|Study confirms: The SAD diet yields 'optimal' results (img. forbes.com)|
Fat shoot out: Saturated vs. mono vs. PUFA
As Enos et al. point out, the main purpose of their study was to examine the effects of three high fat diets differing only with respect to the percentage of total calories from saturated fats.
- SFA-6% - contained 6% saturated fats,
- SFA-12% - contained 12% saturated fats, and
- SFA-24% - contained 24% of saturated fats
|Figure 1: Fatty acid composition (left) and their sources (right) that were used in the different diets the rodents were fed for 16 weeks (based on Enos. 2012)|
- The rodents who received the modified standard chow, with a fatty acid composition identical to the high fat diets (SFA-6%, SFA-12%, SFA-24%) had the exact same body composition as their mates who received the standard chow with its 3.7x higher n6:n3 ratio. The removal of omega-6 fatty did thus not have any beneficial effects on adiposity in the low fat groups.
- The mice in the SF-6-24% did all gain significantly more body weight and body fat than their peers on the low fat diets, but there appears to be a turning point, when the saturated fat content exceeds 12%. After all the mice in the SFA-24% group had almost the same body composition as their peers on the SFA-6% diet.
The 12%-SF diet, most closely mimics the standard American diet
Apropos public, the second 'eye catcher' is even more telling in term of public health,... wait, I should write sickness. Why? Well, the 12%SFA high fat diet, which supplies ...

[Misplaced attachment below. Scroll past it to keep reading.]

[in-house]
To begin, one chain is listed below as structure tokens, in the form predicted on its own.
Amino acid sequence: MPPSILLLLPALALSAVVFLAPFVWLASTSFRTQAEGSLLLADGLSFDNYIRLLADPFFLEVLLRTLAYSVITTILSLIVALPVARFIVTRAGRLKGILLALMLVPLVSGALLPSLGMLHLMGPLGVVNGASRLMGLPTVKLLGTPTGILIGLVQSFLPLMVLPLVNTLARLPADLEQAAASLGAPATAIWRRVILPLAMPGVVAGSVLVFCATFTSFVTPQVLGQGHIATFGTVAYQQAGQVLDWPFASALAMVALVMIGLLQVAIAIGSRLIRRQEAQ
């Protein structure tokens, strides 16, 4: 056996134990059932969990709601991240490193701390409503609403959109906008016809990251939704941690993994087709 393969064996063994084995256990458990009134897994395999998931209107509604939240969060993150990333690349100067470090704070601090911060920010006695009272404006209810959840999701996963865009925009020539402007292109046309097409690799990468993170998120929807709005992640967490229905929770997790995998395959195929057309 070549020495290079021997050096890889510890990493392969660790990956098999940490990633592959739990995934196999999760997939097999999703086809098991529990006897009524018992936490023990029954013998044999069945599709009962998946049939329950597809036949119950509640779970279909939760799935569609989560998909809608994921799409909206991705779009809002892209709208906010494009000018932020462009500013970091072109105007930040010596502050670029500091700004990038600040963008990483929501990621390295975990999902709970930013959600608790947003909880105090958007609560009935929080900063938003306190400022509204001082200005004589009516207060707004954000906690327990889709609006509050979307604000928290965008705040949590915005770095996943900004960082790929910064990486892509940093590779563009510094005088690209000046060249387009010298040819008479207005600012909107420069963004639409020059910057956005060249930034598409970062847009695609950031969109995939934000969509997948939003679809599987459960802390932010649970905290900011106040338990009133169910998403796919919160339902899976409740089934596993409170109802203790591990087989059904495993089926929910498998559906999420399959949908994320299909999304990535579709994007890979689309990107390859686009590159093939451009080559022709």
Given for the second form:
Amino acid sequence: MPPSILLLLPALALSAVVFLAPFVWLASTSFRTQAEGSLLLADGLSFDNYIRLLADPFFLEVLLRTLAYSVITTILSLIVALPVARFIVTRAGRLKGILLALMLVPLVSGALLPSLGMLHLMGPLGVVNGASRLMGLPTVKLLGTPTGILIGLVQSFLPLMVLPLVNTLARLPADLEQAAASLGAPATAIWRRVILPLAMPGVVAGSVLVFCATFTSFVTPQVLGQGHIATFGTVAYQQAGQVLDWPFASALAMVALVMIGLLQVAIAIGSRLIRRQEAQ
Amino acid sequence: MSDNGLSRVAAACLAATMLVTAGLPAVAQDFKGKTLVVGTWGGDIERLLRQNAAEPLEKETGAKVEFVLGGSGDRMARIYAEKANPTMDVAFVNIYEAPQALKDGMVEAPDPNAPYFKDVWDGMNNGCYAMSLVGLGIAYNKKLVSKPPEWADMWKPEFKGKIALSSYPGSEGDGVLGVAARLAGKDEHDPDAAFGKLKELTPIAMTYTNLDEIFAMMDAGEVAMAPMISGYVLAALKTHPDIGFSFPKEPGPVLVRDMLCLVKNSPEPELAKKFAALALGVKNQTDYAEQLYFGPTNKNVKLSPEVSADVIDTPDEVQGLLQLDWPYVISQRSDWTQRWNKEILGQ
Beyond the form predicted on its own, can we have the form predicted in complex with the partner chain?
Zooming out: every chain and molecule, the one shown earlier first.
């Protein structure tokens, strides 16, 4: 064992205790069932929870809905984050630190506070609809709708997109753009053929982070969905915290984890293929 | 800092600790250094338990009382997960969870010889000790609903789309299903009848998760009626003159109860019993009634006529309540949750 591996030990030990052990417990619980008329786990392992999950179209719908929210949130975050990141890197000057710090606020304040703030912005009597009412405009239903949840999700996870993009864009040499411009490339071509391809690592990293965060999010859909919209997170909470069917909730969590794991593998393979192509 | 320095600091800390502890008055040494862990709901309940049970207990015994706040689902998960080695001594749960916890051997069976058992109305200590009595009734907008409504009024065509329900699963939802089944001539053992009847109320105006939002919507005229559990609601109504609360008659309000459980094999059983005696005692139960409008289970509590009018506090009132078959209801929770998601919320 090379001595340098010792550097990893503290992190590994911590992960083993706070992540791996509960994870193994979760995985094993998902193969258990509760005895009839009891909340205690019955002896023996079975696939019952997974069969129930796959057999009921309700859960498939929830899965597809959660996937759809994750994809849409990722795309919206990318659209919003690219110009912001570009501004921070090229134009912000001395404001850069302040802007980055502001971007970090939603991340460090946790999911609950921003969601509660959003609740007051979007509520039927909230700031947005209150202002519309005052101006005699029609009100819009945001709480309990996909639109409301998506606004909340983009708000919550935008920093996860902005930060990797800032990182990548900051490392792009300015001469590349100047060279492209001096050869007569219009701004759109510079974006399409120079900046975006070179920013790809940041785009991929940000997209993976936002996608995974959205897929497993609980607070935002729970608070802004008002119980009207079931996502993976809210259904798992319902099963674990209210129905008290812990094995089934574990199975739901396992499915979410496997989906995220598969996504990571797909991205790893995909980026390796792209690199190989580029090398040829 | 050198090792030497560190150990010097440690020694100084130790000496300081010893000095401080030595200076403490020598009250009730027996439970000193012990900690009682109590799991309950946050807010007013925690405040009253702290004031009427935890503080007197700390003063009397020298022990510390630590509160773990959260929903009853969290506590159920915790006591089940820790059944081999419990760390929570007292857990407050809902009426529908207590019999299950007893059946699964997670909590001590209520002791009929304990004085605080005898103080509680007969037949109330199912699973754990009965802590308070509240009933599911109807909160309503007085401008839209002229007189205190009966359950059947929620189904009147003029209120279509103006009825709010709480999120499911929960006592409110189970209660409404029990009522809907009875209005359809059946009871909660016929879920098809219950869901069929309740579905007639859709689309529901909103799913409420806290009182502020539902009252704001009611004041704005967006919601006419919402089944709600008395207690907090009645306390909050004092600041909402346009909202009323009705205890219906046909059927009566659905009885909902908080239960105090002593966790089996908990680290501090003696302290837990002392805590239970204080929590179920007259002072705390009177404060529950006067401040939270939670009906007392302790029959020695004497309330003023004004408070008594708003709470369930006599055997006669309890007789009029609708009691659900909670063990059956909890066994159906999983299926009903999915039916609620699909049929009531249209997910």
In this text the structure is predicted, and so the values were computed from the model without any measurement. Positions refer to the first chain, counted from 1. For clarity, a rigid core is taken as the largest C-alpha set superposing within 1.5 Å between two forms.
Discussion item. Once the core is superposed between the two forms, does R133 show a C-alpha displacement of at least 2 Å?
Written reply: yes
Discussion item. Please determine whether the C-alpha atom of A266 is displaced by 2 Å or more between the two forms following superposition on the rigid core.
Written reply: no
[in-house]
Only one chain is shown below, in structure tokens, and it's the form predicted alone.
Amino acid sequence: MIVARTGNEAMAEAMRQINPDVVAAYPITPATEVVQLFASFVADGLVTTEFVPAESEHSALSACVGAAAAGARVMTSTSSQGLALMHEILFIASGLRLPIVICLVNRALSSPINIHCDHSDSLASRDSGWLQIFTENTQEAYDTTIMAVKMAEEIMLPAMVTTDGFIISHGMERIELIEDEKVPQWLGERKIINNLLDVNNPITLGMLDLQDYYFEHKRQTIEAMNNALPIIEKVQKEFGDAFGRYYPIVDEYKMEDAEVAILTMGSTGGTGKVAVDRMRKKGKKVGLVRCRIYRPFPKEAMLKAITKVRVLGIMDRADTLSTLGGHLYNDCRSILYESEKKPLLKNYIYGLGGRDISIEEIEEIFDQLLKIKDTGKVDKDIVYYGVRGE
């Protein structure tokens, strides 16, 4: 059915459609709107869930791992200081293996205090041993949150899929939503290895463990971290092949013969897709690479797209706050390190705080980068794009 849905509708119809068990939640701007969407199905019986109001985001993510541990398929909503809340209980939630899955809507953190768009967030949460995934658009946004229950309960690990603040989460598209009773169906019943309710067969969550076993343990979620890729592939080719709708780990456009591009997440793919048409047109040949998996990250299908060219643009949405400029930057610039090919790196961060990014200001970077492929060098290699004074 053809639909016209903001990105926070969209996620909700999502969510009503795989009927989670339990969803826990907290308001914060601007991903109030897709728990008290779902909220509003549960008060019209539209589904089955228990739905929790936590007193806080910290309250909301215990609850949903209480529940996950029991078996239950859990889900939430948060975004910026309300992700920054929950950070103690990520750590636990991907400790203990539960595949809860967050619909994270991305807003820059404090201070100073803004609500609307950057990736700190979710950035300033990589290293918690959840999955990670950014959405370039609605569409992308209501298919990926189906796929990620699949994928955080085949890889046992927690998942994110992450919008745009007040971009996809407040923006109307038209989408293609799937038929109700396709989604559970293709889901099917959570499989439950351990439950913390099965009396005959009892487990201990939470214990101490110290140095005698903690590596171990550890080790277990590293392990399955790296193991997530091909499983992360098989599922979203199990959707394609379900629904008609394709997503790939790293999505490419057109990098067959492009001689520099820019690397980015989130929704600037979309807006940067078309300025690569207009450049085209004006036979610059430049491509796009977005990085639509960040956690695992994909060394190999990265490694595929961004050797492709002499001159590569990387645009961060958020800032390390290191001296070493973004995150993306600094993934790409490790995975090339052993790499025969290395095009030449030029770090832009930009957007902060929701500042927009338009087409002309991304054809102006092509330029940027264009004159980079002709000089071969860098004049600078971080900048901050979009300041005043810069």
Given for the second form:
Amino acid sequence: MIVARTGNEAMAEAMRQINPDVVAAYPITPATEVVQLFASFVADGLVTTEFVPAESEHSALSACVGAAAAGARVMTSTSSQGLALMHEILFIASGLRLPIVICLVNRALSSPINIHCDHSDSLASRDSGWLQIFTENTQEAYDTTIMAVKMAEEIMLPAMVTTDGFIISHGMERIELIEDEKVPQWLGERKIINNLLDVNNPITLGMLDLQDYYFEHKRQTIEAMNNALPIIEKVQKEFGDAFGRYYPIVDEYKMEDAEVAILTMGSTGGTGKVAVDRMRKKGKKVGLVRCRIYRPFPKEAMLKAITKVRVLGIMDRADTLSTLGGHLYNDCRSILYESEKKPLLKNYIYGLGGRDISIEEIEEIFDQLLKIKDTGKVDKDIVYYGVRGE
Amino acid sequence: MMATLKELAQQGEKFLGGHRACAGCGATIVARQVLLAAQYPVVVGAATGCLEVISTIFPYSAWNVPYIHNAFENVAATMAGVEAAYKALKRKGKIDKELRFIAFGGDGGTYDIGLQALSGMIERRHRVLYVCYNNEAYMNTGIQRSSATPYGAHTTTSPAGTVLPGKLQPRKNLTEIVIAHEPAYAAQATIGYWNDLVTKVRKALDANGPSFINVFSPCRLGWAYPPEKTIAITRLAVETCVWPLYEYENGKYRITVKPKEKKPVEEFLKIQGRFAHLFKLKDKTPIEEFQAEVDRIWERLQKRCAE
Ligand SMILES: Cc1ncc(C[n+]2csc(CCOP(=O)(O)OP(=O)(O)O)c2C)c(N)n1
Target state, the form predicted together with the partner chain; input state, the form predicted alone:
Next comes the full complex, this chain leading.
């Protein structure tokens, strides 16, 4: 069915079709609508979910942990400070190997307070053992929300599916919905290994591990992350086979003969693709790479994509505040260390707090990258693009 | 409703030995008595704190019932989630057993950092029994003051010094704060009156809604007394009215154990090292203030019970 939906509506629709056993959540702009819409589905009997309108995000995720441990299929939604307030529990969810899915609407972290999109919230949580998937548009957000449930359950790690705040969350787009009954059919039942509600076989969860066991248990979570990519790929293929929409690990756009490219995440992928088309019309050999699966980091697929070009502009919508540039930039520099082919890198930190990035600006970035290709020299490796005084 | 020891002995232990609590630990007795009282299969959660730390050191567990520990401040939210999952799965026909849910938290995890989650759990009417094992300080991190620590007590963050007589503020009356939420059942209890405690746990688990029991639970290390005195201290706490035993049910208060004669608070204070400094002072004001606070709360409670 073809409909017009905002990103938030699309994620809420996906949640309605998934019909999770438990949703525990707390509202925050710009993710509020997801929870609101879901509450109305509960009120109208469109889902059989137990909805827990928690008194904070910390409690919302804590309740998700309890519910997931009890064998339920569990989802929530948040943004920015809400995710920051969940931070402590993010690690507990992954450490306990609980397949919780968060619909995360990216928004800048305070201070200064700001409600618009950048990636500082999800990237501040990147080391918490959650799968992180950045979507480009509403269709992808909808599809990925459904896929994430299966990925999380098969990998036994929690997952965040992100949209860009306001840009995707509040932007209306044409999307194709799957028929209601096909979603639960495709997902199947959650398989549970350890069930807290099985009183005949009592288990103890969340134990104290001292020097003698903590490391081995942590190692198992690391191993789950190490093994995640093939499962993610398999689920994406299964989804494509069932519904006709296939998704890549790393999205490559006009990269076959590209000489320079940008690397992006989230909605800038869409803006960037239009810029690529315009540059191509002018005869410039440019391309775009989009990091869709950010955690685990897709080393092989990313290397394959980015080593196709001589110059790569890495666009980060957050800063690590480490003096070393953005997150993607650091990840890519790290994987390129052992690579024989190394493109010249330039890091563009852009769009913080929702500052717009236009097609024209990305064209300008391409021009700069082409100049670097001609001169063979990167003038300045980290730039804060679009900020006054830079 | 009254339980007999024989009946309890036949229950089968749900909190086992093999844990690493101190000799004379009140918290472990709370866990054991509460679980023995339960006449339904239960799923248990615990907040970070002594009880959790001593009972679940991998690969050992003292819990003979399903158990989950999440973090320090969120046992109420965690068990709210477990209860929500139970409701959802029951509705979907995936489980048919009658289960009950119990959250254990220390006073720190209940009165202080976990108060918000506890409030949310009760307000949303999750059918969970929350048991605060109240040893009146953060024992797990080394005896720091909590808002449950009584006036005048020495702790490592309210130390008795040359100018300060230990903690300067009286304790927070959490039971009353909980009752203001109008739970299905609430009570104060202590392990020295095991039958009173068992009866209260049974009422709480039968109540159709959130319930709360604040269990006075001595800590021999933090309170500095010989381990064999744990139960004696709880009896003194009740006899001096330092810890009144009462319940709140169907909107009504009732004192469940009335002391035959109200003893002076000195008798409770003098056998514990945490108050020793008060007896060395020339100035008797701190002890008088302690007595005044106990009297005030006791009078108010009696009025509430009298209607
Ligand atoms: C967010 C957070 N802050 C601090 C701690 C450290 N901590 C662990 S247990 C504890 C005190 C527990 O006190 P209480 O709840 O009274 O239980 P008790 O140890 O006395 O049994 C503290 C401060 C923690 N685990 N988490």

- 47% of energy in form of carbohydrates (380g sucrose, 100g maltodextrin, 50g cornstarch per 1kg of diet; identical for all SFA groups),
- 40% of energy in form of fats (of which 12% were saturated fats), and
- 13% of energy in form of protein (from casein),
It's a fat balancing act of macro and micro ratios - complex and far from being understood
What's intriguing though, is that the adipogenic effects of the diet were ameliorated, when the SFA content was further increased and the diet contained 68.6g of lard per kg chow instead of just 35.4g and 96.7g of coconut oil instead of just 30g. Since this increase in SFA was at the expense of both mono- and omega-6 fatty acids, you could of course also argue that replacing at least the latter of the two with SFAs must be healthy. Unfortunately, even a brief glance back at figure 2 reveals that this is not necessarily correct. After all, the SFA-6% group was still better off than the SFA-24% group, although they had the highest amounts of oleic and omega-6 fatty acids in the diet.
By now you should actually have realized that this is once more a difficult balancing act. Where different baseline intakes of dietary fat and carbohydrates (total) are pair of setscrews and the individiual fatty acid composition of the diet is another one. And the way these setscrews are set will not just influence the body composition: